village, in Yamoussoukro, on the main intercolonial axis - a beautiful house - the castle of (About 300 000 F), next to the villas, one of which is already built, and in the
background, eight rows of huts, tall, wide, airy - an urbanism that is happy To discover - for the future - that Félix Houphouët is an auxiliary doctor, he has in the country
an immense prestige, that of a great name, that of the son-in-law of Boa Kouassi, the king of the Indénié - that of his own family, one of the oldest and Better known in
the region. He will soon be on availability and wants to exercise free to improve the health of his fellows."

This report (available at the National Archives of Côte d'Ivoire) is, let us recall, the year 1938 !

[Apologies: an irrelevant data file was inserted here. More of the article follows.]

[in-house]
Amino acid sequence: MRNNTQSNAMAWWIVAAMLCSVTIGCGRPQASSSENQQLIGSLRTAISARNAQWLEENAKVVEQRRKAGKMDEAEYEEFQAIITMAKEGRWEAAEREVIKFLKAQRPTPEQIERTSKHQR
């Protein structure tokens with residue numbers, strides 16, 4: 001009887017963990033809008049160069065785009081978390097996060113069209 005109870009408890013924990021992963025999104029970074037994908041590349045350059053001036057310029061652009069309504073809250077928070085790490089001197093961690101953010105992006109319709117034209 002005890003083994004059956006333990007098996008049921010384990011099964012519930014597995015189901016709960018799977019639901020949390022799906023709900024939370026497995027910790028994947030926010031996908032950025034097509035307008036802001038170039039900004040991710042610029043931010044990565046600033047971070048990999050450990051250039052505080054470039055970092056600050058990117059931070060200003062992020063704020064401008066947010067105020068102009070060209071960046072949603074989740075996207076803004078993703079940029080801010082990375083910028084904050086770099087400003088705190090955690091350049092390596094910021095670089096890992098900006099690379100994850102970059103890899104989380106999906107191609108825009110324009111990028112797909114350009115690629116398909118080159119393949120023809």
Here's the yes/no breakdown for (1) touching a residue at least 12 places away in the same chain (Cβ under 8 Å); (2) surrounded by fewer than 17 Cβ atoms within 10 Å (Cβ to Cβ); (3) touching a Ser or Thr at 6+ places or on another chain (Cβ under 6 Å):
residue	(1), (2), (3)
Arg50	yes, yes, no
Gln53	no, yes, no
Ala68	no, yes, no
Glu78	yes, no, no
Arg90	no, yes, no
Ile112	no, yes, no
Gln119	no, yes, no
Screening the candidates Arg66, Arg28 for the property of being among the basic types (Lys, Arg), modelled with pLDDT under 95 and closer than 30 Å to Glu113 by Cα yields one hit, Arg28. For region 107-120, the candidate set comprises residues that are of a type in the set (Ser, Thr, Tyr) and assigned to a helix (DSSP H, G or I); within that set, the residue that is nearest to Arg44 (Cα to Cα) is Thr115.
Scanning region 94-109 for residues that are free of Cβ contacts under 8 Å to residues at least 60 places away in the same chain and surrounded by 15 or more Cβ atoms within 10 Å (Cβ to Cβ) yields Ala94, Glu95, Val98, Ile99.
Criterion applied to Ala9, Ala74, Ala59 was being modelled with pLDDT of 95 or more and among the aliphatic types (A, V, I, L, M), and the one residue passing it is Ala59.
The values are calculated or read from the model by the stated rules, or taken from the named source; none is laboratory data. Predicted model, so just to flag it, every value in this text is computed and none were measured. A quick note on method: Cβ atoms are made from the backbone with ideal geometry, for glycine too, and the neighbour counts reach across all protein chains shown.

During his six years of cantonal leadership, Félix Houphouët works to improve the fate of his compatriots. It diffuses the notions of hygiene and prophylaxis, contributes
to the improvement of the habitat. He sets an example by developing productivity on plantations, by engaging voluntary and paid workers.

In a report drafted in 1945 by Governor André Latrille, it reads:

"Félix Houphouët showed the greatest zeal in his new functions, and by his persuasion he gradually improved the hygiene of the villages and the native plantations, and
he built a fortune by inheritance and built a dispensary at Yamoussoukro. His paternal heritage included a large plantation of coffee and cocoa trees, organized the
plantation scientifically, and, despite the difficulty in recruiting volunteers for African planters, he obtained a yield of 500 kilos per hectare for cocoa. (Which have been
verified by the labor inspectorate) are the average yield of a good European plantation for coffee, and they are for cocoa higher than all the yields of European